CreativeServices-as-a-Service: As a freelancer, one of the biggest challenges is building an effective project pipeline to maintain a stable, and profitable, cash flow. From a client perspective, it’s often a hassle to get budget approval to hire a designer for a one-off project, and, as a result, much of the design, photography or video work is done in-house by untrained staff. As a result, the end product often looks unprofessional. What if creative freelancers routinely offered a monthly subscription to a block of their time on a retainer basis. Company X pays for three days a month. Company Y only needs one day. The cretative freelancer has a preditable number of billable days, which minimizes marketing costs and payment is automatically billed to the client’s credit card minimizing invoicing and time spent trying to get paid. As a result, they’re able to offer consistent, professional service to their clients at a lower cost than a-la-carte project pricing.
Now, before I start receiving hate-mail regarding my suggestions, a couple of key points to keep in mind:
1) This will never replace the top-tier talent in a given industry. If you’re shooting billboards for Prada, car commercials for BMW or are regularly featured in Communication Arts Design Annual, these concepts don’t apply to you.
However, if you’re not of the ilk listed above, it behooves you to look in the mirror and ask whether or not you’re providing commodity services. Can a dozen other people in your market offer the same (or better) product than you are? Do you typically compete on price instead of quality to win jobs? If yes, maybe these ideas will help you make more money, work more regularly and be more profitable.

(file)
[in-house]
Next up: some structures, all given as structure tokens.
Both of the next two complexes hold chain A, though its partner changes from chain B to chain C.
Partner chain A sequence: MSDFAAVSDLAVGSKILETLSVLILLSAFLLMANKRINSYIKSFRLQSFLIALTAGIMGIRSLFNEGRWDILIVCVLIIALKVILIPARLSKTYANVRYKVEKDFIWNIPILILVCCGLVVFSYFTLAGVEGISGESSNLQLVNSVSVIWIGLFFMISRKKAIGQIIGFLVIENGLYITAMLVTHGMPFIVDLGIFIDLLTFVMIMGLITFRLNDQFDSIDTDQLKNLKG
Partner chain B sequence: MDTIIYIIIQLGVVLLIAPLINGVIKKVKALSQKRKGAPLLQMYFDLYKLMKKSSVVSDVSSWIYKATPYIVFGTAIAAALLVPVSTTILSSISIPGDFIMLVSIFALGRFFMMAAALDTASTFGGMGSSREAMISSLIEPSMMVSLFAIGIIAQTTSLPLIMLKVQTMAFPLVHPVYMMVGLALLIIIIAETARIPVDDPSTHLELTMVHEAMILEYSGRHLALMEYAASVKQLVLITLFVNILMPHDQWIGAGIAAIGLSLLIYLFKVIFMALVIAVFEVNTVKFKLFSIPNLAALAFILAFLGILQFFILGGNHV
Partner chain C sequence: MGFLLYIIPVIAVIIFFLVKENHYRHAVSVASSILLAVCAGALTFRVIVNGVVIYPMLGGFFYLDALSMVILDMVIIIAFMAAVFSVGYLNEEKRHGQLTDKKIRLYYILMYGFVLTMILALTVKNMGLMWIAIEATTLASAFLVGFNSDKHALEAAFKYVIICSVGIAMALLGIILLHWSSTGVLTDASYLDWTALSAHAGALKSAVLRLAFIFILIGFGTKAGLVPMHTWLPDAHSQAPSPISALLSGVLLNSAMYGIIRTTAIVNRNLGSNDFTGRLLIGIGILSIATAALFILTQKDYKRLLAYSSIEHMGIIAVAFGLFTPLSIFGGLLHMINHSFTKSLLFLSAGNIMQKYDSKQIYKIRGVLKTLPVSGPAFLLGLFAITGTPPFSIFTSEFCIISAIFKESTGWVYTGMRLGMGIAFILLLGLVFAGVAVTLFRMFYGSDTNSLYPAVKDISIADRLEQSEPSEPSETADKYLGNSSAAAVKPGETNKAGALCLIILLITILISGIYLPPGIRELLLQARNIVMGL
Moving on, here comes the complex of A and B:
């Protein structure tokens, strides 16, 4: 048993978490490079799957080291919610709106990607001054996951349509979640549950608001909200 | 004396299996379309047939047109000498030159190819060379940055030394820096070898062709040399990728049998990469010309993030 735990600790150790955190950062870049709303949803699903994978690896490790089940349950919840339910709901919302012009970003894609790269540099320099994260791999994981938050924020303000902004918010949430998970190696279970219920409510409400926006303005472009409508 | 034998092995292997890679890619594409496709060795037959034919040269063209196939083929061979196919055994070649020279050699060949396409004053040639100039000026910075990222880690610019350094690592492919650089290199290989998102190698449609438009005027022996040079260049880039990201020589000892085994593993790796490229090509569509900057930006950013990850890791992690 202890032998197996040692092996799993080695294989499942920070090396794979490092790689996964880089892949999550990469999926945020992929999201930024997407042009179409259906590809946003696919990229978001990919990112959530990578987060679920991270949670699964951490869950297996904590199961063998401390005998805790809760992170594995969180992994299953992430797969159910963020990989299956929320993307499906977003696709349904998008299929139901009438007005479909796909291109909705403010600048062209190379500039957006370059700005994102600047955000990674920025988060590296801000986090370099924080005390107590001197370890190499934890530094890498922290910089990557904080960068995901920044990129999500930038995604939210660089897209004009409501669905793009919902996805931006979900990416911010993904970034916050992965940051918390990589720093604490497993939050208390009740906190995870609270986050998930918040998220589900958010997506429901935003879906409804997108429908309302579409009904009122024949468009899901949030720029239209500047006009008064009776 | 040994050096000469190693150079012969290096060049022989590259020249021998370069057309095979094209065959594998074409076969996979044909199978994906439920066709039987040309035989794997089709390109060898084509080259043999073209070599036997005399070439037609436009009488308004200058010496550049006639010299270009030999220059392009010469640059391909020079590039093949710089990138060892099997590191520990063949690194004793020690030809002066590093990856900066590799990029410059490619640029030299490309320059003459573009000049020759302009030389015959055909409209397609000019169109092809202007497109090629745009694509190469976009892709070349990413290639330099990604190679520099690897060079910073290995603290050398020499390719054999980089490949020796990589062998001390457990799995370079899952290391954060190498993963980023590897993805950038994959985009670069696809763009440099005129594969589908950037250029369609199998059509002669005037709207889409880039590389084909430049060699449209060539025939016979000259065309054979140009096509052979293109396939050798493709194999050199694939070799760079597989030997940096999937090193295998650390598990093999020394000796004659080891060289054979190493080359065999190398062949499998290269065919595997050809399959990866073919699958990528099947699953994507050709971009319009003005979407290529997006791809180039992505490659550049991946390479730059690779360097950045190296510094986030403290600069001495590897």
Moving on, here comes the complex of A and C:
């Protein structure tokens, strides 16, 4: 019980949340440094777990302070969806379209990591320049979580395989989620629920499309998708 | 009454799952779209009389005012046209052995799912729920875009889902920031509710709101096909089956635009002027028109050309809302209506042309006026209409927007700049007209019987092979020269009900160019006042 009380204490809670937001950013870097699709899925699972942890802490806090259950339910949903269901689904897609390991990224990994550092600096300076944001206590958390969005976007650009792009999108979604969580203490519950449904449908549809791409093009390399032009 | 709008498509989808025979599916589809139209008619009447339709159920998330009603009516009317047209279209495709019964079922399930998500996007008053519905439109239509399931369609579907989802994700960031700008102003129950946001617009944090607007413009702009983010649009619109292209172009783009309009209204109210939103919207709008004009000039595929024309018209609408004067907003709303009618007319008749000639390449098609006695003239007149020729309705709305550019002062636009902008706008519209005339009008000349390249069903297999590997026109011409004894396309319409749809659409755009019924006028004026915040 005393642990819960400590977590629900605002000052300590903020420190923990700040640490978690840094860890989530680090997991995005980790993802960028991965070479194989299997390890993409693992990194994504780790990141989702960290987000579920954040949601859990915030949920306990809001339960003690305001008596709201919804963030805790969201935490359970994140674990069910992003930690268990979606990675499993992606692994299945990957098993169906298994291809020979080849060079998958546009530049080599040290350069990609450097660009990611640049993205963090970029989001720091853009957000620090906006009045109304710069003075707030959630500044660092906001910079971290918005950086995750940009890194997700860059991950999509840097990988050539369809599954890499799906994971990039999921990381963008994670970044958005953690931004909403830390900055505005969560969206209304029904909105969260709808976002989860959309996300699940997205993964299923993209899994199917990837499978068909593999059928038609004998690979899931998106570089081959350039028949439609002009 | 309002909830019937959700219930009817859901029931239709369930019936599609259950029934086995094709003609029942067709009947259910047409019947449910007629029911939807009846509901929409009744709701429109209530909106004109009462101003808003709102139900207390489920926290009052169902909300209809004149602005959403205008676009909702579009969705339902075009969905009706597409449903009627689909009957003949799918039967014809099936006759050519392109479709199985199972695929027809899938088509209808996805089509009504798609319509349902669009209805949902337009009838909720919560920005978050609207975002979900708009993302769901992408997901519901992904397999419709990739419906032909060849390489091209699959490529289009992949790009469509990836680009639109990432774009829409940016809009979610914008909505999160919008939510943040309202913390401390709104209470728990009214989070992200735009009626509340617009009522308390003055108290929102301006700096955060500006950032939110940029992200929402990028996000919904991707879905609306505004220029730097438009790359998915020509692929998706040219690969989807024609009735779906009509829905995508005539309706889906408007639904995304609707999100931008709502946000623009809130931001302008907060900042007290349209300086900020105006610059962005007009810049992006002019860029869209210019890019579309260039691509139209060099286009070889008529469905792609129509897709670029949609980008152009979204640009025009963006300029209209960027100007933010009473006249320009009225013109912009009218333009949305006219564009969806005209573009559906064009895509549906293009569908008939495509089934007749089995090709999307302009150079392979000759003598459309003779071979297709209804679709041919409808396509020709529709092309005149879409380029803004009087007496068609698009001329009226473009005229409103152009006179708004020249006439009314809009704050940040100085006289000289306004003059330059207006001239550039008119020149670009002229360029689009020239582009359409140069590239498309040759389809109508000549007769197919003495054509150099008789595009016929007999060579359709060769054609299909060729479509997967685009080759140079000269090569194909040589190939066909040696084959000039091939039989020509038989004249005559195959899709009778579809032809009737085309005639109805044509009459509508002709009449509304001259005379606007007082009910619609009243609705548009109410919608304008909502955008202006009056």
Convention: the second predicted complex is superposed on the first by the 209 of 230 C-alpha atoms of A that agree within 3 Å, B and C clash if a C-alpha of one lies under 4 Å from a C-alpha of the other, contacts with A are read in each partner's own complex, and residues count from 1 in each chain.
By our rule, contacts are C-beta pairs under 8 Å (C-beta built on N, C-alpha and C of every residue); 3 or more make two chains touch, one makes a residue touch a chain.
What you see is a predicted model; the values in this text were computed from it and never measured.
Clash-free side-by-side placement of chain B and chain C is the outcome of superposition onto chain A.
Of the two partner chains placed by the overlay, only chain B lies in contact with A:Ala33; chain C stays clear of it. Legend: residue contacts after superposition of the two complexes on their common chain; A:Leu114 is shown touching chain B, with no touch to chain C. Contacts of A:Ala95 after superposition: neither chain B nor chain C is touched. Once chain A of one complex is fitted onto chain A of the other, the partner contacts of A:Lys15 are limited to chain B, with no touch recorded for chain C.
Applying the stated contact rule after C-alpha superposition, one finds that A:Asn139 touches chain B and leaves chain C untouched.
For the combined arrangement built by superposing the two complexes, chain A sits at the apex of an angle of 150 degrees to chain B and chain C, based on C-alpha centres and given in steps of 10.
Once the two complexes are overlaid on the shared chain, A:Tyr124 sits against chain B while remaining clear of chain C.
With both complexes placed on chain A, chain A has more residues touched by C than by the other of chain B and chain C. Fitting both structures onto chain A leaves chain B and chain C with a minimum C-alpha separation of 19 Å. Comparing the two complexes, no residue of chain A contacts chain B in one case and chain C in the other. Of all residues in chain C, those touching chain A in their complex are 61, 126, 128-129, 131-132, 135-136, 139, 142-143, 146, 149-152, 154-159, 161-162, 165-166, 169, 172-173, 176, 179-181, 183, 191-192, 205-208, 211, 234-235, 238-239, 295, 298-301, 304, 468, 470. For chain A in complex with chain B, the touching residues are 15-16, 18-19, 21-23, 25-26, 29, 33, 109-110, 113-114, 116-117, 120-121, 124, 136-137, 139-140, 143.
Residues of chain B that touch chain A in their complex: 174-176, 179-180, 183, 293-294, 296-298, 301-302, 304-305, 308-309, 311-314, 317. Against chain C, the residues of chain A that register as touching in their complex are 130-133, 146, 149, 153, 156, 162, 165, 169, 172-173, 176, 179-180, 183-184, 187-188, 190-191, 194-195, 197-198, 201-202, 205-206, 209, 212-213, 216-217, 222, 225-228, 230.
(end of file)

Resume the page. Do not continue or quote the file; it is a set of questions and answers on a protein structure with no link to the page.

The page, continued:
2) The CSasS ideas listed above would all require some persuasion on your part to help your clients understand the value of your proposal. The first option requires some technological innovation as well. These steps differentiate you from the competition and will pay dividends even if you and your client remain on a traditional project model. (Proactively thinking about ways to solve your client’s problems and save them money is an endearing, yet exceedingly rare quality.)
Before you embark on any of these new business models, have a frank, open conversation with your current, or prospective clients. Build a spreadsheet to track the time you spend in a given week for billing, chasing payment, negotiating projects and waiting for the phone to ring, under the current model and see how many more billable hours you’d have if you used an *aaS model. I think you’ll be surprised to find how many potential upsides their are to this idea.